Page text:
Results of research (Reshetnikov, 2001) show that the presence of rotans in small water bodies results in an essential decline of diversity of species and abundance of larvae of amphibians and invertebrates feeding on these larvae. However different species of amphibians are to a varied extent susceptible to the action of P. glenii
. In water bodies colonized by rotan tritons Тriturus cristatus
, Т. vulgaris
, frogs Rana temporaria
, R. arvalis
and R. lessonae
as a rule cannot reproduce successfully. Rotans can disturb normal development of spawning behaviour of tritons of both species, consume adult Т. vulgaris
and larvae of both species. Frogs of three species do not avoid spawning in water bodies colonized by rotan, but their larvae are actively eaten by rotans and in the majority of cases are eliminated by them completely before the beginning of metamorphosis. Toads В. bufo reproduce successfully in water bodies inhabited by rotan. Larvae of this species of amphibian are relatively not fit for P. glenii and in their mass reach the stage of metamorphosis in such water bodies. Possibly conditions of development of larvae of В. bufo even improve after colonization of water bodies by rotans (Reshetnikov, 2001). In small water bodies inhabited by rotan the author noted 0 to 2 species of amphibian, whereas in water bodies without rotans this index varied from 0 to 5. Significant negative correlation has been revealed between presence of rotans and diversity of species (N=22; r = - 0.4619; p = 0.03) and also abundance.(N=22; r = - 0.4455; p=0.038) of amphibians in 1997.
Similar results were obtained during analysis of relationship between abundance of rotans and diversity (r = - 0.4969) and abundance of (r = - 0.4792) amphibians.
In a number of water bodies rotan may completely eliminate larvae of tritons (Reshetnikov, Manteifel, 1997).
According to the observations of other authors for the basin of the Danube T. dobrogicus no longer occurs in some water bodies in the vicinity of Chop, Batevo and Mukachevo after appearance of this species of fish in them. In 1996 rotan had not appeared yet, in 2000 it was already numerous (Litvinchuk, Borkin, 2000).
Negative correlation was revealed between the presence or rotans in water bodies and diversity of species of invertebrates (r = -0.5528; N= 18; р - 0.017) (Reshetnikov, 2001). In water bodies inhabited by rotan adult beetles of the fam. Dytiscidae and their larvae, beetles Hydrous sp., larvae of dragon flies Aeschna cyanea, Somatochlora aenea and Erythromma viridulum, spiders Dolomedes sp., and leeches Haemopis sanguisuga did not occur or were rare. These species were noted in some other water bodies that are not inhabited by rotan. However клопы-гладыши Notonecta glauca are abundant in a water body with с P. glenii. Of molluscs in a water body inhabited by rotan large прудовики Lymnea stagnalis are numerous. Pronin (1982) thinks that invasion of rotan, [элодеи канадской, рипуса, пеляди] in Baikal and ichthyoparasites brought with acclimatized species should be regarded as biological pollution of the lake. Biological pollution of large water bodies is nearly not restricted in time. The intentionally of unintentionally acclimatized species will evolve with the ecosystem.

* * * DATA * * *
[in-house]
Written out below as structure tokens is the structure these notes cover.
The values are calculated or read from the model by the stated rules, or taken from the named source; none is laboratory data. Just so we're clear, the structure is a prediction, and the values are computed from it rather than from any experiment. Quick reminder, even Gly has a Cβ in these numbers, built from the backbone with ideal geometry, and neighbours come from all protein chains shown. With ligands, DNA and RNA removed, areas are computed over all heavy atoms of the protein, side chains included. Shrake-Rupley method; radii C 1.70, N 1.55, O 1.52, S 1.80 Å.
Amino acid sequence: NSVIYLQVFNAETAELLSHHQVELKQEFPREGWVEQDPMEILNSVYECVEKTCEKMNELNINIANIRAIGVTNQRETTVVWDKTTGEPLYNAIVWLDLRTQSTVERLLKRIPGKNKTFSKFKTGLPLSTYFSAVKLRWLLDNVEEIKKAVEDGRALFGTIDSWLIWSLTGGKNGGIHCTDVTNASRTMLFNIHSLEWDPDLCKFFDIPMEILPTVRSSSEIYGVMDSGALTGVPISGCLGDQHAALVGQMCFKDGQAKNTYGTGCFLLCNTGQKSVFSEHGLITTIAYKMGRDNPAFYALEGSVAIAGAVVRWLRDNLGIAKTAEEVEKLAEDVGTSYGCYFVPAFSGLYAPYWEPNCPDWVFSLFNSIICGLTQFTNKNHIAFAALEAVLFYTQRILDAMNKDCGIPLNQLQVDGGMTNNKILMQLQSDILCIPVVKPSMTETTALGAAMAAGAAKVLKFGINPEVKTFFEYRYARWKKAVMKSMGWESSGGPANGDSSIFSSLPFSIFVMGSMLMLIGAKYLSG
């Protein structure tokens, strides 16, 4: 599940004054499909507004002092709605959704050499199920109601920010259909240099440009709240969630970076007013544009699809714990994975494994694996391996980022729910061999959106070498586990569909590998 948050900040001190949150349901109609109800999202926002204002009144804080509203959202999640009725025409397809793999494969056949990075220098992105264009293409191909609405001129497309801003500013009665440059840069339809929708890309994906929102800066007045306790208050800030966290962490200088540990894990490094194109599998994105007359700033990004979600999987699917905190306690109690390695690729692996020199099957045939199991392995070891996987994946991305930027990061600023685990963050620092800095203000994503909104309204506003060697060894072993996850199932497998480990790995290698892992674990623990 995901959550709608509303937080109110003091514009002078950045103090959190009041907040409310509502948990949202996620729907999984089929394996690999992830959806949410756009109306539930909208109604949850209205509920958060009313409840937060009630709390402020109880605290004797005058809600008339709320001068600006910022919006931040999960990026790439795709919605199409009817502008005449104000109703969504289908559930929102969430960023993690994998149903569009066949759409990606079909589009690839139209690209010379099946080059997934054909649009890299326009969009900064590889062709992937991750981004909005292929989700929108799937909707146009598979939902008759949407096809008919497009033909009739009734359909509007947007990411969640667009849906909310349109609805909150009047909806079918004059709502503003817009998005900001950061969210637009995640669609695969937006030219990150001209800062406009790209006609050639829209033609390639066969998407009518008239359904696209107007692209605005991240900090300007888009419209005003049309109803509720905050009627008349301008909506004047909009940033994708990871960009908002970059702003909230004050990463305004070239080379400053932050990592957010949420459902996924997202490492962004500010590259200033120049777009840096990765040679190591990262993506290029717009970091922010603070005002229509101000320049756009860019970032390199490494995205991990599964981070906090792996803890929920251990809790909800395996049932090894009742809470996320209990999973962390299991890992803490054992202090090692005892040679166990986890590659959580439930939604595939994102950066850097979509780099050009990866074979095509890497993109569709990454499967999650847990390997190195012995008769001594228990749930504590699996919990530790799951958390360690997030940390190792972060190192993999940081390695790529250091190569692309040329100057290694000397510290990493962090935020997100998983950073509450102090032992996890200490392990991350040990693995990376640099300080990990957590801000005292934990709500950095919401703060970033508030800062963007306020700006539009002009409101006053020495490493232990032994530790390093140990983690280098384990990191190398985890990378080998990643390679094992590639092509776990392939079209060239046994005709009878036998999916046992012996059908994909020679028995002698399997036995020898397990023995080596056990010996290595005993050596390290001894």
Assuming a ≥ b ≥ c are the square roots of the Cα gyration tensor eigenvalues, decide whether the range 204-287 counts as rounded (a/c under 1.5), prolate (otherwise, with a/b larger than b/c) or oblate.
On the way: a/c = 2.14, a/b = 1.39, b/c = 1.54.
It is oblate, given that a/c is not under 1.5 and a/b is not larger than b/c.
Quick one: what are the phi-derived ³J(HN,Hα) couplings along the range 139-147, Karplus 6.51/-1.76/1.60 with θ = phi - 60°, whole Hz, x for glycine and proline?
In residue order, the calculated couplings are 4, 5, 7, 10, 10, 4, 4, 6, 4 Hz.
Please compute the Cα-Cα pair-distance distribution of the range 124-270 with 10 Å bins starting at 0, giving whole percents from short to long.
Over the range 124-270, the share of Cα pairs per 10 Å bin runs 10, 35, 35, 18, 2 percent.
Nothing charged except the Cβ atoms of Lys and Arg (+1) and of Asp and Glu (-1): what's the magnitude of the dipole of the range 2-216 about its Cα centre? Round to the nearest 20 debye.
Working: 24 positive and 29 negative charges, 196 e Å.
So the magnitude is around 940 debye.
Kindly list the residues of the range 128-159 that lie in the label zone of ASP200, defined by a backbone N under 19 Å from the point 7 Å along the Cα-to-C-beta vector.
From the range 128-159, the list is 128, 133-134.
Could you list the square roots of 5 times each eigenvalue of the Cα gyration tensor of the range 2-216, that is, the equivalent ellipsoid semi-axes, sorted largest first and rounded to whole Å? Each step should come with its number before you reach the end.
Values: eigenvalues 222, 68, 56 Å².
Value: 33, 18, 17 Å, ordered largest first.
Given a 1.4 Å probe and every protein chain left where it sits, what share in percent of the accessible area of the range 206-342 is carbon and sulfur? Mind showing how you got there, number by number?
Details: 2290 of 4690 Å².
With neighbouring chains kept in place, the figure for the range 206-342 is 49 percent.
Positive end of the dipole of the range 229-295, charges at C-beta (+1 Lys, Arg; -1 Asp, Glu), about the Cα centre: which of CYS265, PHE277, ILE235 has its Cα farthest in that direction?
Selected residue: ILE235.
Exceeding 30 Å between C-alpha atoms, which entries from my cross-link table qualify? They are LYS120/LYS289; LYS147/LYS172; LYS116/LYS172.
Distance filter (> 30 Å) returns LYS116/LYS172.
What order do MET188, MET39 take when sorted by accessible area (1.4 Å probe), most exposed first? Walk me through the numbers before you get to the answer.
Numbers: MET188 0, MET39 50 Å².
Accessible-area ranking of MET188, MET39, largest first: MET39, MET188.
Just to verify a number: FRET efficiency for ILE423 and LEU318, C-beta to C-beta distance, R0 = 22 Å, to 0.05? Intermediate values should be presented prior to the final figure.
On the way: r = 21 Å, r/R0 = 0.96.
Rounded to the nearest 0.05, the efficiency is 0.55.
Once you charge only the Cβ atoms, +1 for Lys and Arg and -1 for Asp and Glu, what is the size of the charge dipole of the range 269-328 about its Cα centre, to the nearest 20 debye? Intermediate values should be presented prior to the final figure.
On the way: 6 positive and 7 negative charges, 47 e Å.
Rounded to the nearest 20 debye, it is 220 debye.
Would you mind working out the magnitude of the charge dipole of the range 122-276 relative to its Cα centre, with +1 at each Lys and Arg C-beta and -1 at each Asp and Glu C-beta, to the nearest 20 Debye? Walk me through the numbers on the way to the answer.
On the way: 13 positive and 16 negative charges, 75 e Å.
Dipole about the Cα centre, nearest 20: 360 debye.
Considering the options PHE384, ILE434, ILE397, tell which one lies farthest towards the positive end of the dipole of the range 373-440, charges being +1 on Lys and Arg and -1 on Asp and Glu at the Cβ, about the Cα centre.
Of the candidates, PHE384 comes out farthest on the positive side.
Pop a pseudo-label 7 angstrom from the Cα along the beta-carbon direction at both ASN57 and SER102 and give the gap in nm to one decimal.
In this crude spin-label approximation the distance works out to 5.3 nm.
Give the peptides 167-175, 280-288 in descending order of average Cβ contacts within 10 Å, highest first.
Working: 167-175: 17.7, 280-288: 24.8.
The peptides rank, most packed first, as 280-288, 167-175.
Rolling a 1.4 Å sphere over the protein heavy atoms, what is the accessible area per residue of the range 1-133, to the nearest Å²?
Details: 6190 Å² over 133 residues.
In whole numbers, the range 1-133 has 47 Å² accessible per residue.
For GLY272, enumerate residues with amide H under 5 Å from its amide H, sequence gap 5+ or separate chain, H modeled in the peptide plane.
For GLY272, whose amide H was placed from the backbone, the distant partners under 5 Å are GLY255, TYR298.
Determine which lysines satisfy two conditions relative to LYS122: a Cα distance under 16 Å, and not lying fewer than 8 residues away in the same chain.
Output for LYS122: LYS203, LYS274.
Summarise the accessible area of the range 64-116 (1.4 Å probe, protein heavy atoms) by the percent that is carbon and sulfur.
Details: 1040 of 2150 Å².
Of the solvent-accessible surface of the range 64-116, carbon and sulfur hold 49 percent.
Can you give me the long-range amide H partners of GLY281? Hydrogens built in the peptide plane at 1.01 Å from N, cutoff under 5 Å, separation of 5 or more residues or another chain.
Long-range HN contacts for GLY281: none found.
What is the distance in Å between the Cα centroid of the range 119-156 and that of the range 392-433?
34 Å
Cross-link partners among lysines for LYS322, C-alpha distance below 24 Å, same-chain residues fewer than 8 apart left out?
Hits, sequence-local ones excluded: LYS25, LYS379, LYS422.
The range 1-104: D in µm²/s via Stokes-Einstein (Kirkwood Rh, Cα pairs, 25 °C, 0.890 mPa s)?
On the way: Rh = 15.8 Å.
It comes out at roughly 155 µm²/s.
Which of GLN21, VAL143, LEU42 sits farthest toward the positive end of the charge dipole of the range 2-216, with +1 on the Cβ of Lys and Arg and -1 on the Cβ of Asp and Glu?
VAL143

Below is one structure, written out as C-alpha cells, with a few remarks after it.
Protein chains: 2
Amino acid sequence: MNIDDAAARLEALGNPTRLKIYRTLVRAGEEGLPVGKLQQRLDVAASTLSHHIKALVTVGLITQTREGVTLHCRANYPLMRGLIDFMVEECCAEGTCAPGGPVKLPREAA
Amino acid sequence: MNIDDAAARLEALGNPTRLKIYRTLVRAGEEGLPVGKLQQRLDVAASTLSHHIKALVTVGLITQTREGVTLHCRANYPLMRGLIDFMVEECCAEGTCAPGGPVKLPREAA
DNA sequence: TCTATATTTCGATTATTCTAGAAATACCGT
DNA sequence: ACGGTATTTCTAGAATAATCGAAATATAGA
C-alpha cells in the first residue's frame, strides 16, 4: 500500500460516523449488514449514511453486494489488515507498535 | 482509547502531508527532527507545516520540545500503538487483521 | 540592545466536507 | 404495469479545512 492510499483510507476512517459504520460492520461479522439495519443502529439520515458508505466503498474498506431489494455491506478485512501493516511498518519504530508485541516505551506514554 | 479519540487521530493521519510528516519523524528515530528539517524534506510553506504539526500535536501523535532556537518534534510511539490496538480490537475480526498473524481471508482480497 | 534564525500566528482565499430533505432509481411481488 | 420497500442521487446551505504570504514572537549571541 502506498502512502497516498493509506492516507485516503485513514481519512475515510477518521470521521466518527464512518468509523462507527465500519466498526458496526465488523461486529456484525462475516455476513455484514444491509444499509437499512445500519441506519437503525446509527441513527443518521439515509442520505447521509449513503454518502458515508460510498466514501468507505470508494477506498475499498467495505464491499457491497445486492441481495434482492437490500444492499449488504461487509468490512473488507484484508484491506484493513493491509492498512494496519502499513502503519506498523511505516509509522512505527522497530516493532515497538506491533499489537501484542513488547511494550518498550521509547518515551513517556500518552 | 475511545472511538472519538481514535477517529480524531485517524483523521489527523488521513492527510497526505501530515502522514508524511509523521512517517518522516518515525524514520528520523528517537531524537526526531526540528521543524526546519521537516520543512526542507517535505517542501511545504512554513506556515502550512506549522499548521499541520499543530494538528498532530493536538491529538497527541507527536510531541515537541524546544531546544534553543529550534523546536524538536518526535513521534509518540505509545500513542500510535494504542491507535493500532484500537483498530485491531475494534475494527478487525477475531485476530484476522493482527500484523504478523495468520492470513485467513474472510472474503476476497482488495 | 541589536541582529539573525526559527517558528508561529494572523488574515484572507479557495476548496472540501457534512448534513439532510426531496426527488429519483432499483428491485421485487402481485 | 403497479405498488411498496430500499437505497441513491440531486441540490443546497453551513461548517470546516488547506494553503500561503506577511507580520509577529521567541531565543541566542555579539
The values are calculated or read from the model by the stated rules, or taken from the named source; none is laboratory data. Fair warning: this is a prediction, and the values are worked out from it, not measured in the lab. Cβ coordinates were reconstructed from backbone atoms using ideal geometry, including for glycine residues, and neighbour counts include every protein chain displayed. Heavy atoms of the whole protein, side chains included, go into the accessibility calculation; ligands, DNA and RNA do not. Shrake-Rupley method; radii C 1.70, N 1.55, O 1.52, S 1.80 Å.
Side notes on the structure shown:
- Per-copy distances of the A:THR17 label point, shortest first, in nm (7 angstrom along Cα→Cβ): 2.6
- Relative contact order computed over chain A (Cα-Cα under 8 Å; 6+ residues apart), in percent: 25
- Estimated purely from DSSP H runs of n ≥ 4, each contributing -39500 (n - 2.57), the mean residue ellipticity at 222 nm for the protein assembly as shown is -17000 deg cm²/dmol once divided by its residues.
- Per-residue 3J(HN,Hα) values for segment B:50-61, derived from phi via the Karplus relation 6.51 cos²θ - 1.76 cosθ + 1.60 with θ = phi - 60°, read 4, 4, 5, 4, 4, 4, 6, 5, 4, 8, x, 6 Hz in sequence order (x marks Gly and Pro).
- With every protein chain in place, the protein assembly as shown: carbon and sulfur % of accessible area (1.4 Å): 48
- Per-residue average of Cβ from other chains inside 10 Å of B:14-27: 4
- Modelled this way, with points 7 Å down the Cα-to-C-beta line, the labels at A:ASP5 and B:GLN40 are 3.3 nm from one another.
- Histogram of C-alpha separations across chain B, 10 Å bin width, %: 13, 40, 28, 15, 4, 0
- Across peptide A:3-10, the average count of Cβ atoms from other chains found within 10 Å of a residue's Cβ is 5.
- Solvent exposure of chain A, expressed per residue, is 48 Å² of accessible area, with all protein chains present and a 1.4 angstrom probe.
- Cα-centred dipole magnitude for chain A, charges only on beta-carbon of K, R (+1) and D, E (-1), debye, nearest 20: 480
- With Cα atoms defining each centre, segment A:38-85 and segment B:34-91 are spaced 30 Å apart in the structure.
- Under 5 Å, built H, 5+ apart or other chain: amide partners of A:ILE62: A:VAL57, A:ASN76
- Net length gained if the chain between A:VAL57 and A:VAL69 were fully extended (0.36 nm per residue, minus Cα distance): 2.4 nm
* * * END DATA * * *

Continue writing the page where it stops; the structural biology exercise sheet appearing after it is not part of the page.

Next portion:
In another publication dealing with rotan in Baikal Litvinov и O'Gorman, 1996 analyzed relations between rotan and other fishes. Siberian roach and Siberian dace are commercially important in many areas of Lake Baikal and together they accounted for about 50% (by weight) of the commercial harvest in the Barguzin commercial area during 1980-1989 (records of the Ust-Barguzinsky Inspector and Protector of fish). But these two valuable fishes must now share food resources with the rotan. Thus, the establishment of the rotan may eventually lead to reductions in the populations of Siberian roach and Siberian dace through competition for food. Consumption of fish eggs and young fish by rotan, however, is perhaps a more serious threat to the native fish community. Most species of native fishes spawn in deltas, in rivers, or in the few shallow, marshy areas around the lake. Establishment of dense populations of rotan in these areas could diminish recruitment of many fishes and eventually lead to large-scale population declines. In the Great Lakes, the exotic alewife appears to have contributed to the collapse of endemic fish populations by eating young fish (Eck and Wells 1987).
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